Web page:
Left-wing beneficiary advocates have constantly criticised the use of sanctions (cuts to benefit payments) to enforce work and social obligations. The CPAG has written entire papers about them. (Even Carmel Sepuloni jumps on the band wagon periodically despite Labour being the government that instigated the regime.)
Here's a typical example:
Lisa Woolley, the president of the Council of Christian Social Services, said the numbers were shocking.
She said the first thing to go when budgets were cut was food, but some may also be struggling with rent, which could lead to overcrowding.
"The impact on the health for children on overcrowding is huge and also when you think of the children being moved from house to house, it's their education that gets impacted," she said.
MSD has now conducted some qualitative research into how beneficiaries have perceived and experienced the welfare reforms. From the findings comes this:
Clients who had been sanctioned said the experience had encouraged them to swiftly visit their case manager, and had not impacted on their wellbeing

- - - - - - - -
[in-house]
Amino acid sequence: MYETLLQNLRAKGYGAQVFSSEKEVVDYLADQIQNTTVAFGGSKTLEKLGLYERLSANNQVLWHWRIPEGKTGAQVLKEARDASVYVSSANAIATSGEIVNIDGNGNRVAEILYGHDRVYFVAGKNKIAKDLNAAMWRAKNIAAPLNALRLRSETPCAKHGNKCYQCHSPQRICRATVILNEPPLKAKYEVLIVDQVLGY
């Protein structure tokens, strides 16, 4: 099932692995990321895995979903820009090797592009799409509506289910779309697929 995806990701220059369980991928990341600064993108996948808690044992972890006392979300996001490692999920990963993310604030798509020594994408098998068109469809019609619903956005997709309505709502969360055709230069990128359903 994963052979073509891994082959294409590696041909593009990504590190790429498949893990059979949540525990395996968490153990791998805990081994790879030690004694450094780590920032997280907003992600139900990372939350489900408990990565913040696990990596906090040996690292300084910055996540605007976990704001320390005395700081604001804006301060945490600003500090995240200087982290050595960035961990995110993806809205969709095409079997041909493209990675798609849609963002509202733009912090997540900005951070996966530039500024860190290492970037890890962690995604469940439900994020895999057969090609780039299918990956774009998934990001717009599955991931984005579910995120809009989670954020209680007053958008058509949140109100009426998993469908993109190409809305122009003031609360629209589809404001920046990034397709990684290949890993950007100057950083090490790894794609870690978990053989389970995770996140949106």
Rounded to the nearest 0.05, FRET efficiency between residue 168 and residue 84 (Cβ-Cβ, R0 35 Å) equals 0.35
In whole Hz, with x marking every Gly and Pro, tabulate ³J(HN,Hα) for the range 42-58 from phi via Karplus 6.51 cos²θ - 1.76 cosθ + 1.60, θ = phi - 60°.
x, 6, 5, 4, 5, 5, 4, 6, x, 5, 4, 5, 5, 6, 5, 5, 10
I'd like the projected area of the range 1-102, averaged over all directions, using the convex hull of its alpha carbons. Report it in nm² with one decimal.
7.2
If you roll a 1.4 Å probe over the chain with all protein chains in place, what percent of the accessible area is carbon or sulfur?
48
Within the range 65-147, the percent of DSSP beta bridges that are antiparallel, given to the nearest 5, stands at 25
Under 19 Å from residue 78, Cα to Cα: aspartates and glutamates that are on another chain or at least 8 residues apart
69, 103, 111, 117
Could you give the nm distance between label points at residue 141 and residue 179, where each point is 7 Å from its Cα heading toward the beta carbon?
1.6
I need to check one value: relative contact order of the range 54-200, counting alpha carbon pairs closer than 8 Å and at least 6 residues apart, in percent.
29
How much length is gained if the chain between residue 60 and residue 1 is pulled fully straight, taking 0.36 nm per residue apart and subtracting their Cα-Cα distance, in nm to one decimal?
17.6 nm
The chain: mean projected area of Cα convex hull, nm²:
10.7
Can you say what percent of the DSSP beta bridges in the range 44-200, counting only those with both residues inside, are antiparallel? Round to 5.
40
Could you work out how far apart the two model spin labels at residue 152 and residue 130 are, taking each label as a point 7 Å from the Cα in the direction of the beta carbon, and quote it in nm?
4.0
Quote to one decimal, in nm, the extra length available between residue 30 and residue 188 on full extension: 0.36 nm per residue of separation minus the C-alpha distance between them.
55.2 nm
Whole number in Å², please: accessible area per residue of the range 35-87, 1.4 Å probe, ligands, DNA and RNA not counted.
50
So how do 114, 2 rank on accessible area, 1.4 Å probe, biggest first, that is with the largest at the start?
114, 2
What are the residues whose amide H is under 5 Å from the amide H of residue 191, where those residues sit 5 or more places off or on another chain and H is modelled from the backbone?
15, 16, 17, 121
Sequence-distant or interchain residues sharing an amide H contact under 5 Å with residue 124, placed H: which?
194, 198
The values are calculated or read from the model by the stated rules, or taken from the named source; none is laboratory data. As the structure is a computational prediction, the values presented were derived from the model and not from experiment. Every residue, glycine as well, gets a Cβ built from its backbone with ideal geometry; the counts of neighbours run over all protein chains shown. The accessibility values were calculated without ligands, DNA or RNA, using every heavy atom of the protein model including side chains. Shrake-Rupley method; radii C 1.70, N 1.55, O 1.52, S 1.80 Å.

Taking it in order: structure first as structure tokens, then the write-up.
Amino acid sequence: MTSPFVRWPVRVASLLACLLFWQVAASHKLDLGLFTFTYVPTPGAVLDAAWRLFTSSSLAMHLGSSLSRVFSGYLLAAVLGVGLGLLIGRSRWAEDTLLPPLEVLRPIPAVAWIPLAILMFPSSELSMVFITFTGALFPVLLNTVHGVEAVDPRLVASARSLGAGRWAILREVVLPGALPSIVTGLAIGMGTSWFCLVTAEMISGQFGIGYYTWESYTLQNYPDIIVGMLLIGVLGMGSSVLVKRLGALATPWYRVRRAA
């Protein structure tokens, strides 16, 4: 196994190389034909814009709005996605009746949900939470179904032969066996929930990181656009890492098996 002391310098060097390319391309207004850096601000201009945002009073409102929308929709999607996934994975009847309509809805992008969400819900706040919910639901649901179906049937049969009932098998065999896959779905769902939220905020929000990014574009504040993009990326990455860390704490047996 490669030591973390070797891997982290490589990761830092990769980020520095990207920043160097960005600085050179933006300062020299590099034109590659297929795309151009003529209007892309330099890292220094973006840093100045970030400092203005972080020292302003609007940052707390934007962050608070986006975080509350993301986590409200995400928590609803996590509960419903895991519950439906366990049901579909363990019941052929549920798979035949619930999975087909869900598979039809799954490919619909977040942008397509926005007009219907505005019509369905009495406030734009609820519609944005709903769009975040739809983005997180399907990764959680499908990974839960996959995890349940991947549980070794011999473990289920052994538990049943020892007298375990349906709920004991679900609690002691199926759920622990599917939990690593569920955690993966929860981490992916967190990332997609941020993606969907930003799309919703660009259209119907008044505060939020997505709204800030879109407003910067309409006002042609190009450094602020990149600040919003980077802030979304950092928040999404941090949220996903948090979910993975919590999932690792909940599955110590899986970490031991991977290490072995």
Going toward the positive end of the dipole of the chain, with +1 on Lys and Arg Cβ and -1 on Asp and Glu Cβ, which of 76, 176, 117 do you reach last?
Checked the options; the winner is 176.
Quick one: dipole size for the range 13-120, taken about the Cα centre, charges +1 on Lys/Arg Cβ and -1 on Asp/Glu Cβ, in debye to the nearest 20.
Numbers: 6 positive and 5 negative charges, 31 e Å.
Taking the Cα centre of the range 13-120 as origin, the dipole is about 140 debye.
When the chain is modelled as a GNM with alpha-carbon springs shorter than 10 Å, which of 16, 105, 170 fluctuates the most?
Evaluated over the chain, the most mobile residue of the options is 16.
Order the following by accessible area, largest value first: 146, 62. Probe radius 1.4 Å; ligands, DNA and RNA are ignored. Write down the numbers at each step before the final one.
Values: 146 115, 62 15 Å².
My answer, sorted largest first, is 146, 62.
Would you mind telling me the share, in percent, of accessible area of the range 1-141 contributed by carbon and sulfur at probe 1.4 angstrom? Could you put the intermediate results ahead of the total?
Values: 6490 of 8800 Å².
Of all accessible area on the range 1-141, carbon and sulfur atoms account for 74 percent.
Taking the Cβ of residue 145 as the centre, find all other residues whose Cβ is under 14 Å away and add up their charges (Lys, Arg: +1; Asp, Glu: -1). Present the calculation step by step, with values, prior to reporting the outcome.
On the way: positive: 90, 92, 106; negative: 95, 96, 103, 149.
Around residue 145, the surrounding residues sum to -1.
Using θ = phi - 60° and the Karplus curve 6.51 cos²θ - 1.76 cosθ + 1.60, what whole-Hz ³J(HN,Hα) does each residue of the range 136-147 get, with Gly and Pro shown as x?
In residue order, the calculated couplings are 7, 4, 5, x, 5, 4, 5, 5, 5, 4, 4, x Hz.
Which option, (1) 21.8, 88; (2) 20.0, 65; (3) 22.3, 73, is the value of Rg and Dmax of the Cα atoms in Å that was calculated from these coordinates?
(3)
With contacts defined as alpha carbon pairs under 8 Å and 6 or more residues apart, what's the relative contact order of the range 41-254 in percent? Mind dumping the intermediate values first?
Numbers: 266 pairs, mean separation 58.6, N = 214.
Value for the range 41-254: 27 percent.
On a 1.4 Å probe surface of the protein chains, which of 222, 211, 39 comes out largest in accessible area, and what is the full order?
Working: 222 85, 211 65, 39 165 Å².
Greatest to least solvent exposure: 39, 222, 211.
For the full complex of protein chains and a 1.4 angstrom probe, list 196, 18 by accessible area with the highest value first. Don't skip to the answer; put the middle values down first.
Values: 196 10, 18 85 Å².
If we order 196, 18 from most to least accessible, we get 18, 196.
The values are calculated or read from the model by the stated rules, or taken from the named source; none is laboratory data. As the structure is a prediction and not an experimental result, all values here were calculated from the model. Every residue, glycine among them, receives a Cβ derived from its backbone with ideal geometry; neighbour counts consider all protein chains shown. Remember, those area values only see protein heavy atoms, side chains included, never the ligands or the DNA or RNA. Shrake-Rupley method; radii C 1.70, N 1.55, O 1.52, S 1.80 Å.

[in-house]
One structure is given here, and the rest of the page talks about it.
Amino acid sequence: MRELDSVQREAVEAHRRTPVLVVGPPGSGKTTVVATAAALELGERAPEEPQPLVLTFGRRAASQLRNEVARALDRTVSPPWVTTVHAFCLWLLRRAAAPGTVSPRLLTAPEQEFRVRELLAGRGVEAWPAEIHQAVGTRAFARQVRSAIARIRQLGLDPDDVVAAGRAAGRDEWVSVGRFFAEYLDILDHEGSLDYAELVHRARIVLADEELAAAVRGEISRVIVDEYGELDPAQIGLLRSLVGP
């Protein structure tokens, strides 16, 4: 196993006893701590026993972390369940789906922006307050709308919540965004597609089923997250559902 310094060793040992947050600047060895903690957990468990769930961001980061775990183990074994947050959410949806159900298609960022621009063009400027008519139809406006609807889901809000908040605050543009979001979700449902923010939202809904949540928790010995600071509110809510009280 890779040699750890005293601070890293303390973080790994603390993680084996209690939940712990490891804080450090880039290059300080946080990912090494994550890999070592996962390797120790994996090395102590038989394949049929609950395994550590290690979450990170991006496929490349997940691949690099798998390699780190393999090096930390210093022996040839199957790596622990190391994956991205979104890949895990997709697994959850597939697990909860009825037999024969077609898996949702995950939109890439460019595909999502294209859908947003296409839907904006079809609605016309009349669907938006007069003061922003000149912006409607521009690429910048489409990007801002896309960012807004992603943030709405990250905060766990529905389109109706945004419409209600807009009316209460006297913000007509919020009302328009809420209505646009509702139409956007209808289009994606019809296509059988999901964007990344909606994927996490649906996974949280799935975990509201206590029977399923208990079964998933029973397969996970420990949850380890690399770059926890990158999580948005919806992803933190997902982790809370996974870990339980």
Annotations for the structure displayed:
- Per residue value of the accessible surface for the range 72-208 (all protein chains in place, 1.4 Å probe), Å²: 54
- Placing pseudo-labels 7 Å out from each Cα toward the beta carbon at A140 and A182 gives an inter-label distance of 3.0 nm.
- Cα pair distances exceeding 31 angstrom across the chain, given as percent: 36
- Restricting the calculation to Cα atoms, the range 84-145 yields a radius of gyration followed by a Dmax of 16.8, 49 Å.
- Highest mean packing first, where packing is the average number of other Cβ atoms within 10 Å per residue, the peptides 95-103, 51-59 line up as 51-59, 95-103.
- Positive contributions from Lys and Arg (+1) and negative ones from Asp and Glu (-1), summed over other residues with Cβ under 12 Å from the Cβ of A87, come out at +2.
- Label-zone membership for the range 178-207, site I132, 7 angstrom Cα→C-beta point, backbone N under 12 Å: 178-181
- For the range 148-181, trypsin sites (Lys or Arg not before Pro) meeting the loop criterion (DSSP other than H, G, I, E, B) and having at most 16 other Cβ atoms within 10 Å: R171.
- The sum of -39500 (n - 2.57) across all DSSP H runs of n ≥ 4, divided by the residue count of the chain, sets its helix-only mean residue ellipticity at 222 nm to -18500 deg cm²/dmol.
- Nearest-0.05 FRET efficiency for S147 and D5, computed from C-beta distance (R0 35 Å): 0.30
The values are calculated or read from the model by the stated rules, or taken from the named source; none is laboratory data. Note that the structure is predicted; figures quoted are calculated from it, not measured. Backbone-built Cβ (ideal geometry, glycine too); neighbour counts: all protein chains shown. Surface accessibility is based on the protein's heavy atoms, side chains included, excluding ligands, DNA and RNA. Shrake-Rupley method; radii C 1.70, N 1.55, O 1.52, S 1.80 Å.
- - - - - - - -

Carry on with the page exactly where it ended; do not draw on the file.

The few clients interviewed who said that they had been sanctioned reported that they had quickly fulfilled Work and Income requirements to restore their benefits.
While they did not feel that the sanctions had impacted their work search or their wellbeing, receiving notice of the sanction had encouraged a swift visit to their case manager.[My emphasis]
Granted the sample is very small. "Only five of the 140 clients spoken to in the evaluation remembered having their benefit suspended or reduced." But their actual experience is counter to the what anti-reformists want us to believe.
Generally, the overall responses are a mixed bag. There are misconceptions about changes (formed by listening to the media apparently), and adherence to old benefit names. However, a broad understanding that there's a much stronger emphasis on finding work has developed.
If your views of WINZ were formed solely on the negativity pushed by the left, the positivism and even appreciation among interviewees would surprise. The over-riding impression I am left with though is the case manager relationship is all important to beneficiaries experience of and attitude to the reforms. The beneficiaries take on the reforms should not be discounted or downplayed. There is wisdom in the old adage, you can lead a horse to water but you cannot make it drink. I am a great believer in persuasion over force.